Broc Anderson is the Community Engagement Director for Trails & Rails Museum in Kearney, Nebraska. He is an Alliance High School and Chadron State College graduate who found his passion in history early in life. He's pursing his Master's in history through the University of Nebraska at Kearney researching borderland histories of Gordon, Rushville, Hay Springs, and Chadron to the Pine Ridge Indian Reservation in South Dakota. The introduction of non-native immigrants to the region that was once traditional land of the Lakota resulted in fears and animosities of the "other." He will also discuss the settling of Sandoz Country by the Volga Deutsch.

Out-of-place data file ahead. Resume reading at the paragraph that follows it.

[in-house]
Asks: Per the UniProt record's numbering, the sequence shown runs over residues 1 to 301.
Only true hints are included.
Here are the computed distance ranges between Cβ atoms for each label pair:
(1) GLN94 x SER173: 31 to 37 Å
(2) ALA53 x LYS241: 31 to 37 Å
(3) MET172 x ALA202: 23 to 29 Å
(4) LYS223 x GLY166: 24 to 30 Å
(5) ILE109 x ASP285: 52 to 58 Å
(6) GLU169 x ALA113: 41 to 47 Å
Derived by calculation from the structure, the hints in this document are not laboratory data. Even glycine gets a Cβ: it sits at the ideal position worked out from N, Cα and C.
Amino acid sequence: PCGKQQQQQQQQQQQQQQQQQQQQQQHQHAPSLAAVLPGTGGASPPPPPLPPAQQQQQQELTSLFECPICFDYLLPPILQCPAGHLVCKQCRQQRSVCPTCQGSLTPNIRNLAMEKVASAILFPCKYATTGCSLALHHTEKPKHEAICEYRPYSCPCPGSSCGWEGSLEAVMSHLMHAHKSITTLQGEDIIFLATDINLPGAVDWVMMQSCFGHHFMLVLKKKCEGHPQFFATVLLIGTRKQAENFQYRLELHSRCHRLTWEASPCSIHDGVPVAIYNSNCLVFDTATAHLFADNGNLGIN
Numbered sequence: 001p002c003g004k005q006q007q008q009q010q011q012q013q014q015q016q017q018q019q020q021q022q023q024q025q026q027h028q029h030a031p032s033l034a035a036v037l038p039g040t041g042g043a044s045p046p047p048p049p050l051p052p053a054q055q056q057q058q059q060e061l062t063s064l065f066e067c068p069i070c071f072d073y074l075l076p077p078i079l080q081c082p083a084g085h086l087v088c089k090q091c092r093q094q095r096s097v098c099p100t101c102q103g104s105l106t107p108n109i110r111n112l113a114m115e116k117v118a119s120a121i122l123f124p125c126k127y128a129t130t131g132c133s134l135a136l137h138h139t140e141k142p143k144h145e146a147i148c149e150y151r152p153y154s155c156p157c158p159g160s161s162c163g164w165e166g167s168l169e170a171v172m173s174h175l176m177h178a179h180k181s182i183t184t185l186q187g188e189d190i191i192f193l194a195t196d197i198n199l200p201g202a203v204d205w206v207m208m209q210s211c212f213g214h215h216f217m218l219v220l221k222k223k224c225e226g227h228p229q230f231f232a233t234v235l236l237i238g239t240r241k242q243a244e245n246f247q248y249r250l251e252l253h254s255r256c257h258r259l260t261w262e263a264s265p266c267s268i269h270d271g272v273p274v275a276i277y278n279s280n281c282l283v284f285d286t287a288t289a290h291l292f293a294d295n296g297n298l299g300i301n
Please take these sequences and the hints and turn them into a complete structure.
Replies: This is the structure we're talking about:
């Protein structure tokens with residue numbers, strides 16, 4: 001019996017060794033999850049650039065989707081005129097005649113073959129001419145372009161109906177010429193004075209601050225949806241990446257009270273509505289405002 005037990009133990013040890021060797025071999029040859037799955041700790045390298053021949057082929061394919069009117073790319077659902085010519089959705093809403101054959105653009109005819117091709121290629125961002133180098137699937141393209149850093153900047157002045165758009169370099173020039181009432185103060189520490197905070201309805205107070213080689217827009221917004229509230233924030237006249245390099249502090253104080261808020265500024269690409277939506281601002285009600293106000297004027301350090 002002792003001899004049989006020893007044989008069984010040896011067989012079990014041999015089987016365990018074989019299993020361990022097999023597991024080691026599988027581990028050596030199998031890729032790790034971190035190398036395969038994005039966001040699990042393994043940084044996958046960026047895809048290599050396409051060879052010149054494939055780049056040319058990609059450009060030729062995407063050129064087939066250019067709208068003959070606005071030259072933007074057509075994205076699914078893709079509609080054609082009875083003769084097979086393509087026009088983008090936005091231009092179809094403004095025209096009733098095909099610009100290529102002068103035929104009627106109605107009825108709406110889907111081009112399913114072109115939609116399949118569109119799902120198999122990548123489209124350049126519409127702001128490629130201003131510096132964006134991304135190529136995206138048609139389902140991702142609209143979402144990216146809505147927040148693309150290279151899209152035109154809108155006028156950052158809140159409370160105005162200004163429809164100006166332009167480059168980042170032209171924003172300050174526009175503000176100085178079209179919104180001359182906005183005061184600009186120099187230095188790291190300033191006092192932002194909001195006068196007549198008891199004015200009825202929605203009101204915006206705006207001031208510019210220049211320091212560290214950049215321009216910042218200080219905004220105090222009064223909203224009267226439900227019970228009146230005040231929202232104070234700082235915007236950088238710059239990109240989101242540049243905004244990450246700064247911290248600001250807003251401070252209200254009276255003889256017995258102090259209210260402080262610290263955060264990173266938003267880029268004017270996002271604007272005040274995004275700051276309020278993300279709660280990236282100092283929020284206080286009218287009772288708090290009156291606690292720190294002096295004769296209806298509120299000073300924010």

Dr. Marty Ramirez is a retired Counseling Psychologist, after 38 years at the University of Nebraska –Lincoln. Marty started working at UNL as a counselor for the Department of Minority Affairs in 1973.  Upon receiving his Ph.D. Marty worked with UNL’s Counseling Center and later worked for the Department of Counseling and Psychological Services.  In 1992 Marty was a recipient of Weber State’s Minority Lectureship Program in Ogden, Utah. A Scottsbluff native, Marty received his BA from Chadron State College and his MA and Ph.D. from the University of Nebraska-Lincoln. Marty has presented numerous local and national workshops on mental health, career planning, diversity and cultural competence. In 2013 he received the Distinguished Alumni Award from Chadron State College. He is a Vietnam veteran and recipient of the Purple Heart.